The Art of Relationships in Trauma Informed Work

May 18, 2018

This week Dr. Bruce Perry was here in Cleveland again (!) and I was fortunate enough to be able to attend his all day training focusing on the Six Core Strengths for Healthy Childhood Development. Inspiring, as always! Much of what he spoke about reinforced the immense power relationships have in trauma informed care. I compiled the notes I took from Dr. Perry’s lecture into some art with a few of (the many!) takeaways I wanted to remember about this topic:

Notes inspired by Dr. Bruce Perry, Cleveland 5/15/2018

  1. Relationships are more important than any adversity. Multiple adverse circumstances or experiences can be buffered by the healthy, positive relational connection in our lives.
  2. We live a relational driven life- our relationships with others impact us the most.
  3. The nature and number of healthy, positive relationships we have is key to our resilience, healing and recovery.
  4. Human beings are relational creatures and our behaviors, actions, feelings, and experiences are contagious to others.
  5. A trauma informed community and relational milieu is a healing community.
  6. Relational health = the degree of our internetwork of connectedness (Relational Poverty vs. Relational Wealth)
  7. Communication is all about rupture + repair, disconnection + connection — it is essential to explicitly acknowledge our differences, assumptions, implicit biases to build relationships.
  8. Therapeutic dosing and therapeutic spacing is important to provide tiny, repetitive doses of engagement, distancing, then re-engagement to support change.

Check out this Child Trauma Academy Resource of many of the slides and content presented during this training.

As an art therapist, I also reflected on how art-making, the creative process, and trauma intervention through art therapy supports relational considerations presented by Dr. Perry.  Art therapy “effectively supports personal and relational treatment goals” (The American Art Therapy Association) through:

  • Creating and/or re-establishing a safe space to explore feelings, responses, and experiences through active engagement in “bottom up” sensory-based intervention that supports lower parts of the brain where trauma resides;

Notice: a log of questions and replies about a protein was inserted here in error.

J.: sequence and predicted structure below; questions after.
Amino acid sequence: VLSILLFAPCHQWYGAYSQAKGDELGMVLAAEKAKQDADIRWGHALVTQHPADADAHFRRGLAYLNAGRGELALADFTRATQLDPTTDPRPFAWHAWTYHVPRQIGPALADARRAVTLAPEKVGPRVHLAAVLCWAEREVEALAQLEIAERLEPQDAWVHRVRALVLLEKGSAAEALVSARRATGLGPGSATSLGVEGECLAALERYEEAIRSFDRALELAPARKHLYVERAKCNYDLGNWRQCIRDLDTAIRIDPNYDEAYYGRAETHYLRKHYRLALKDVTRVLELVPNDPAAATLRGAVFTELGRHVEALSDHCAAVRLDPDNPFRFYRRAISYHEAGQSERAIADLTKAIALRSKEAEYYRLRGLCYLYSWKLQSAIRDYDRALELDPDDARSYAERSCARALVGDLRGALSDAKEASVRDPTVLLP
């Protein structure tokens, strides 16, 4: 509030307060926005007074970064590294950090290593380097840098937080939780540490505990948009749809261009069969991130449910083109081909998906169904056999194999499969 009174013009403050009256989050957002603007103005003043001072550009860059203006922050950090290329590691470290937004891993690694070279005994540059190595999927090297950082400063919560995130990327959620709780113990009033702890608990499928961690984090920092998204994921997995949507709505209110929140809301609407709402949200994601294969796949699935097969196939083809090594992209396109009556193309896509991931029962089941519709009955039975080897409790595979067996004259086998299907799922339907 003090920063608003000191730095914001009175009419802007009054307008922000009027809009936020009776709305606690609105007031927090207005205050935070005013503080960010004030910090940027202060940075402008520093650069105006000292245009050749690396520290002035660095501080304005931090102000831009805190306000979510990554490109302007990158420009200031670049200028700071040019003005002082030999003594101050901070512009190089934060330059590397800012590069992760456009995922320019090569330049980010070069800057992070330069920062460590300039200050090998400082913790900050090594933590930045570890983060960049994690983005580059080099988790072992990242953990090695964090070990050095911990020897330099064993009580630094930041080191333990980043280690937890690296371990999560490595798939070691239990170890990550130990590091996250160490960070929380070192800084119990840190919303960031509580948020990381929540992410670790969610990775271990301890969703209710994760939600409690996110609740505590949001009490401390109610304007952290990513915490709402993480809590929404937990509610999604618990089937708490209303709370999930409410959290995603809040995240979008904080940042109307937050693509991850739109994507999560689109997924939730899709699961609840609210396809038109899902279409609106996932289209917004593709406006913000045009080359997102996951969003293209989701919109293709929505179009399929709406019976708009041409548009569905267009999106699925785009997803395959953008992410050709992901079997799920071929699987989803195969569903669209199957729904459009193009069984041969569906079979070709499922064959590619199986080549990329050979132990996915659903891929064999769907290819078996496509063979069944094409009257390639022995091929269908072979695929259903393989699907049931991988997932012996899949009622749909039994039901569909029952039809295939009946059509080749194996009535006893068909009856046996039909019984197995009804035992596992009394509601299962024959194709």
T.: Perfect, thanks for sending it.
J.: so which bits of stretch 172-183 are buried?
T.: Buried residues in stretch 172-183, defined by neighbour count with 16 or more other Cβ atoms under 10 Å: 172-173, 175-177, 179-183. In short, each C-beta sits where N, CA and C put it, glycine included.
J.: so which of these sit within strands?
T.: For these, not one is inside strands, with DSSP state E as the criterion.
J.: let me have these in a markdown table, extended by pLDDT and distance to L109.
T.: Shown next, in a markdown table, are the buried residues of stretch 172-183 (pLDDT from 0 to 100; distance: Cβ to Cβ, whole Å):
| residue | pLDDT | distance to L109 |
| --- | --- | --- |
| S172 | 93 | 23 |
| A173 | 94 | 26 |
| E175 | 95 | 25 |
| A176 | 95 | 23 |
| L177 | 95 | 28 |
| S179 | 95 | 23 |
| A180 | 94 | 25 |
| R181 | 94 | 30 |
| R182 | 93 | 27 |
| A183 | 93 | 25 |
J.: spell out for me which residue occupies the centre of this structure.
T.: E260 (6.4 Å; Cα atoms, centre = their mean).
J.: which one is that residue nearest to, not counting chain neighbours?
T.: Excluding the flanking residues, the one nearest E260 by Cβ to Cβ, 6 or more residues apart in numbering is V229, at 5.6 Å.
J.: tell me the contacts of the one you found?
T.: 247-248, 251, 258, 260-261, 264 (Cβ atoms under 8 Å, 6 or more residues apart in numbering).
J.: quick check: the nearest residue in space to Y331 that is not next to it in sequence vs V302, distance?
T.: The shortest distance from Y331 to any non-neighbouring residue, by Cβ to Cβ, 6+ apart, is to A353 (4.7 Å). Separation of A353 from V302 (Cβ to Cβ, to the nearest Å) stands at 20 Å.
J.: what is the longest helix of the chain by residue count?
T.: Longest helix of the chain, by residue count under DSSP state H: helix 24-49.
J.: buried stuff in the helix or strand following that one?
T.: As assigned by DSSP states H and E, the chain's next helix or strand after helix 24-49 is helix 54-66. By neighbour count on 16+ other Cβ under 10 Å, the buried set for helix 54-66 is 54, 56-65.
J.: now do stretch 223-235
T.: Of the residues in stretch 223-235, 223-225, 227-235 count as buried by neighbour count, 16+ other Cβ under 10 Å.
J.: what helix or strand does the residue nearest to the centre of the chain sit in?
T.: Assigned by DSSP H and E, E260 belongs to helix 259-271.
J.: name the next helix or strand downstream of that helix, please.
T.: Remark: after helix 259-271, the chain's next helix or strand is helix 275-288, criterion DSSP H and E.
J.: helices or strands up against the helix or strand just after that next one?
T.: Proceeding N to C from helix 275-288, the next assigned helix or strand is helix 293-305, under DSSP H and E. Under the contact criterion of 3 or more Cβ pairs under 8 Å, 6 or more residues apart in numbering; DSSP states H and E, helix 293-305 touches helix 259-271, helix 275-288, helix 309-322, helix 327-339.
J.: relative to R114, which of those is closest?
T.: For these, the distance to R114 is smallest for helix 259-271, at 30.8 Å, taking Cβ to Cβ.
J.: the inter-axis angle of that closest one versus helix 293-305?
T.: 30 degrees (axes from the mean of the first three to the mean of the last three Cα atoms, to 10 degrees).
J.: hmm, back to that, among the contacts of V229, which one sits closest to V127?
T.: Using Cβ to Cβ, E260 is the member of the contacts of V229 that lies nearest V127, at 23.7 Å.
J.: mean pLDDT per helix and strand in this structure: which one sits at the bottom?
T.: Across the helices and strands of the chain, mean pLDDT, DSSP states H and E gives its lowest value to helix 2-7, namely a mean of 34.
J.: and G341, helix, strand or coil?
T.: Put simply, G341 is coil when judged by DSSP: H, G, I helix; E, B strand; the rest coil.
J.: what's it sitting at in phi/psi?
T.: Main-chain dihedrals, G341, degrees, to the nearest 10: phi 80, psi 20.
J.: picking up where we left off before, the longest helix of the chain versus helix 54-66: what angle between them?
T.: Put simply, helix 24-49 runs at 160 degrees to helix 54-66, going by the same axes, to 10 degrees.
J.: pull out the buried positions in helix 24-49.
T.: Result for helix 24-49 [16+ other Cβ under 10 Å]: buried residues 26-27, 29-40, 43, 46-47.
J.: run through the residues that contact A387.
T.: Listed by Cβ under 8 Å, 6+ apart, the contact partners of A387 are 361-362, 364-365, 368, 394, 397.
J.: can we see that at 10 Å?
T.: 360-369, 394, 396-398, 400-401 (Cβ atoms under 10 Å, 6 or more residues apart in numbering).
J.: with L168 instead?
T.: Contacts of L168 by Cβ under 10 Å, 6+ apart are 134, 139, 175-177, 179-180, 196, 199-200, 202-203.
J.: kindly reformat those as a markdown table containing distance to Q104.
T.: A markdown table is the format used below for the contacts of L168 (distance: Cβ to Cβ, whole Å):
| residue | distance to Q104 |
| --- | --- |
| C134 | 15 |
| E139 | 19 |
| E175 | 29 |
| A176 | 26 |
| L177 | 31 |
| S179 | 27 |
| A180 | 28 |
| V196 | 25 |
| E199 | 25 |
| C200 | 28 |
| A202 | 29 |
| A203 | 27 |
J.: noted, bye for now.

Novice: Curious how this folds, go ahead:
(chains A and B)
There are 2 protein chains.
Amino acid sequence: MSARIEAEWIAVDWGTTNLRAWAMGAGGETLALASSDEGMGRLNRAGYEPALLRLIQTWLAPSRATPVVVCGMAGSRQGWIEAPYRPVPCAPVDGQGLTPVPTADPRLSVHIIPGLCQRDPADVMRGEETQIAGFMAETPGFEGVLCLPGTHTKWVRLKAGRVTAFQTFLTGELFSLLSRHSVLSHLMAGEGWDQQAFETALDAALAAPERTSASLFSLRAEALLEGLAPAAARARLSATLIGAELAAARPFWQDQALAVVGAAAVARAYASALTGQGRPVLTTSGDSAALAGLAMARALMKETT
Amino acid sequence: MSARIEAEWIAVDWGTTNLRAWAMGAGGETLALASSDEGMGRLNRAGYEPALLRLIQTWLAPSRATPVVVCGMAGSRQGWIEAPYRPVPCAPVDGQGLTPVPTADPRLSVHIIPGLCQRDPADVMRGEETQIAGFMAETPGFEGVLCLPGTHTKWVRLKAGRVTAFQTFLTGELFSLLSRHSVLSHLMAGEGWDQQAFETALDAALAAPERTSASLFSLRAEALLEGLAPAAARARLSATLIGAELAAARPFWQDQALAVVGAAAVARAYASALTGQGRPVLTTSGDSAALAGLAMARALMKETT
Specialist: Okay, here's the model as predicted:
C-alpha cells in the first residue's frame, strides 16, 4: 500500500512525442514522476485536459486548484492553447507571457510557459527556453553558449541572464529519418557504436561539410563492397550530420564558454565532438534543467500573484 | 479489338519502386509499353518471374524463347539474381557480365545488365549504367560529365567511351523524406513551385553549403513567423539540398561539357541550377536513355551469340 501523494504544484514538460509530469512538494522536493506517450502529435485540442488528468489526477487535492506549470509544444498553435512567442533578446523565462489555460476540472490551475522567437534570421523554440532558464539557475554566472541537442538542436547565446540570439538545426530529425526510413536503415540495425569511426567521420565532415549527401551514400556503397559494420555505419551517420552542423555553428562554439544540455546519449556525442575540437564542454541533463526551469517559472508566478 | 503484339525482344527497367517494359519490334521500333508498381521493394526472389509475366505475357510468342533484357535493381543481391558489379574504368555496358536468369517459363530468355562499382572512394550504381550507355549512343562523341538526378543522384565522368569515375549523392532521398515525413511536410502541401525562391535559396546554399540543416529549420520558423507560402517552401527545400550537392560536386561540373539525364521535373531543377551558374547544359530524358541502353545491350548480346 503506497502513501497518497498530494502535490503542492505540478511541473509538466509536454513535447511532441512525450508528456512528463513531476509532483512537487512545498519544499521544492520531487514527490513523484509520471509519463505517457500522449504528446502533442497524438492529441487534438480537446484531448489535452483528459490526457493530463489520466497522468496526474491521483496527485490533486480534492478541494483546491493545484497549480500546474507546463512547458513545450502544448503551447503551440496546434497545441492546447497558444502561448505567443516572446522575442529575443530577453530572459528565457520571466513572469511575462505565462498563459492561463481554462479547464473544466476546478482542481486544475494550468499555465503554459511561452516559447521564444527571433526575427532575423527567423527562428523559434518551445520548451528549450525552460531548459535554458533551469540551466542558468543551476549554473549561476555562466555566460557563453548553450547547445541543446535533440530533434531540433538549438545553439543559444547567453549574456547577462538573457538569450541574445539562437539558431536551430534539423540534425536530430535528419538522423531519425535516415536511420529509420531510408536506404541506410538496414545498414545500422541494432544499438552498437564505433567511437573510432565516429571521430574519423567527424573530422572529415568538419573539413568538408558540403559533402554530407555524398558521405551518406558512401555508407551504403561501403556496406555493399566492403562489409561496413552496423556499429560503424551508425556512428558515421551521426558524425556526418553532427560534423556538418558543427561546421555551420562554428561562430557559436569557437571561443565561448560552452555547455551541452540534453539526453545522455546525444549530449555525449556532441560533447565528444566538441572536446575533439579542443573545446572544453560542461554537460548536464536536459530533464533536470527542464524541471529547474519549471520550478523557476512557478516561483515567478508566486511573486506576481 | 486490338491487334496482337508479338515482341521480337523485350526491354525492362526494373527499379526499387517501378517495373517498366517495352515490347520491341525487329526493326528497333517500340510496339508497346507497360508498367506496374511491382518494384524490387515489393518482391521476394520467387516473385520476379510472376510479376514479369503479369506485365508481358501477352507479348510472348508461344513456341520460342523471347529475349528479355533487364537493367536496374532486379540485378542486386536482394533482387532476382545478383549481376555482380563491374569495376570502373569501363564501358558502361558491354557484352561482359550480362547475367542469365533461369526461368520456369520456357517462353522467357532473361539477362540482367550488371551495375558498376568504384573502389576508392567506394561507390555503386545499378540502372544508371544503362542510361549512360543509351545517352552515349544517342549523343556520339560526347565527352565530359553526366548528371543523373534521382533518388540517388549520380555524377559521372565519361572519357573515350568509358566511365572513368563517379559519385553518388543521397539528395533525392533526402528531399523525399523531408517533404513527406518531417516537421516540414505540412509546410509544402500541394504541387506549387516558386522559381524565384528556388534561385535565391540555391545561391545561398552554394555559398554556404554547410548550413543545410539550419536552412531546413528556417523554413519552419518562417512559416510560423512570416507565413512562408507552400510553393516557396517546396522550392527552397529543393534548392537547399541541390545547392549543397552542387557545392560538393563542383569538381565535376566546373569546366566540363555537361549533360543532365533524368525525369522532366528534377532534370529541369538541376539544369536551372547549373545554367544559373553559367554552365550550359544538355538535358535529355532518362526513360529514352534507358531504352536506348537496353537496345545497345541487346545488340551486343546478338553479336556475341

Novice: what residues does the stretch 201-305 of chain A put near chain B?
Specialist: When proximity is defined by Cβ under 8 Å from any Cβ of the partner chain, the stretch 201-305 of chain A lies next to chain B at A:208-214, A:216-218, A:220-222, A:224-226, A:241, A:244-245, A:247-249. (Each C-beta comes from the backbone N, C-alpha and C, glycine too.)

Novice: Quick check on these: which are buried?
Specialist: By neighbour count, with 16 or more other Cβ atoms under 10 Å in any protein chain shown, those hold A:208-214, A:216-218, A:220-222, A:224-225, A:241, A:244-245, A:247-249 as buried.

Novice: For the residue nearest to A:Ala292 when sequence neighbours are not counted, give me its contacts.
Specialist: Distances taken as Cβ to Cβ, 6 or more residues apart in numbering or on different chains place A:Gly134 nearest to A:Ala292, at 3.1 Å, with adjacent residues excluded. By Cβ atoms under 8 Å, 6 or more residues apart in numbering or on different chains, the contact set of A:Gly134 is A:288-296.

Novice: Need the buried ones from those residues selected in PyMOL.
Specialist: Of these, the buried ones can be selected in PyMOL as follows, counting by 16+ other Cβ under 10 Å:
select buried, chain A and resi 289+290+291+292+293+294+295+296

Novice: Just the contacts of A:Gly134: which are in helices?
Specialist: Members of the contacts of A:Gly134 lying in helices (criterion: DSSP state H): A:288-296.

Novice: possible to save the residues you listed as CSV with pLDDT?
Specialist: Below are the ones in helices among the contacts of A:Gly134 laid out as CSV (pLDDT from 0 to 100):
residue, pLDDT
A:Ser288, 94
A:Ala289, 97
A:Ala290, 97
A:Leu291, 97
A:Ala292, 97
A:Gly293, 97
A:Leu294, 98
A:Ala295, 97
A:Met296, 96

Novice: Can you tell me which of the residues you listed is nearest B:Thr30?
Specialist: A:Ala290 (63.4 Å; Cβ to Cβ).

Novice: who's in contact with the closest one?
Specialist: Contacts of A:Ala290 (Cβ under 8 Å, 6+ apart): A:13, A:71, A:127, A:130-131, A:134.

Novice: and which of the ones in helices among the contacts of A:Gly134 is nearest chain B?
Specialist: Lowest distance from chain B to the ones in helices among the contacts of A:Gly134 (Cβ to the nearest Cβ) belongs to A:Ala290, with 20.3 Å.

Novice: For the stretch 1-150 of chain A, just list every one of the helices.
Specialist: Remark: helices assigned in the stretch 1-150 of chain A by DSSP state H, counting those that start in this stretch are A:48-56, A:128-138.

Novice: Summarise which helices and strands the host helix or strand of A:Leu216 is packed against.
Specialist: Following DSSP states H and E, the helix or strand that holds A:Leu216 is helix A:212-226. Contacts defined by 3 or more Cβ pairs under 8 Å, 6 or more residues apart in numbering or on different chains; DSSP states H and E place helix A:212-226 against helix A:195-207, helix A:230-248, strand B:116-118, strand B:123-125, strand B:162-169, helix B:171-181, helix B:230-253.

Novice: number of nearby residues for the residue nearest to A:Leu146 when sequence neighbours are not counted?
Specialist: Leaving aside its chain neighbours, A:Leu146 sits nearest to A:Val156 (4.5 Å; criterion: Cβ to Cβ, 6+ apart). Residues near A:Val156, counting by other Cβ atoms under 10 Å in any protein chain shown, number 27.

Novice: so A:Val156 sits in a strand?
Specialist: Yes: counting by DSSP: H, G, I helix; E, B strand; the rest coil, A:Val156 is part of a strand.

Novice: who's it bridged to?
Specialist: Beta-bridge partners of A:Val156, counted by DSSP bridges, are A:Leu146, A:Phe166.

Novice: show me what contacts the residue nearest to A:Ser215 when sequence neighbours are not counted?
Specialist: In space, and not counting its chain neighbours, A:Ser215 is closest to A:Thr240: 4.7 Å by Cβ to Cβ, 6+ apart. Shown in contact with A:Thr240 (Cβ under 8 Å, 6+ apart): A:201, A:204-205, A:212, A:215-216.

• Making art together in groups, families, and communities can foster healthy interactions, connectedness, and a sense of belonging that transcends language;
  • Art therapy creates opportunities to explore themes of deconstruction and reconstruction through the art making process and offer insight into internal and external communication, conflict, biases, and relational restoration;
  • The nature of art making with an art therapist offers repetitive, patterned, and parallel action while safely regulating and managing traumatic stress and triggers that could activate ones response system
  • An opportunity to build and strengthen resilience through meaningful art-based interactions and interventions that explore safety, change, vulnerability, and regulation.

Thank you Dr. Perry for returning to Cleveland and another great day of trauma informed learning!

 

Related Posts

Reflections on Art Therapy, Trauma, & Group Work

Top Ten Takeaways : PEP Symposium Dr. Bruce Perry in Cleveland (2013)

Top 10: Impact of Trauma and Neglect on the Developing Child with Dr. Bruce Perry (2012)

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One Response to “The Art of Relationships in Trauma Informed Work”

  1. Rastogi, Meera (rastogma) Says:

    Thanks for sharing this!

    Meera Rastogi, PhD, MAAT, ATR-BC
    Licensed Psychologist and Board Certified Art Therapist
    Professor of Psychology
    Program Coordinator, Pre-Art Therapy Certificate
    University of Cincinnati, Clermont College
    4200 Clermont College Drive
    Office MCD 215 K
    Batavia, Ohio 45103
    meera.rastogi@uc.edu
    513.732.5331


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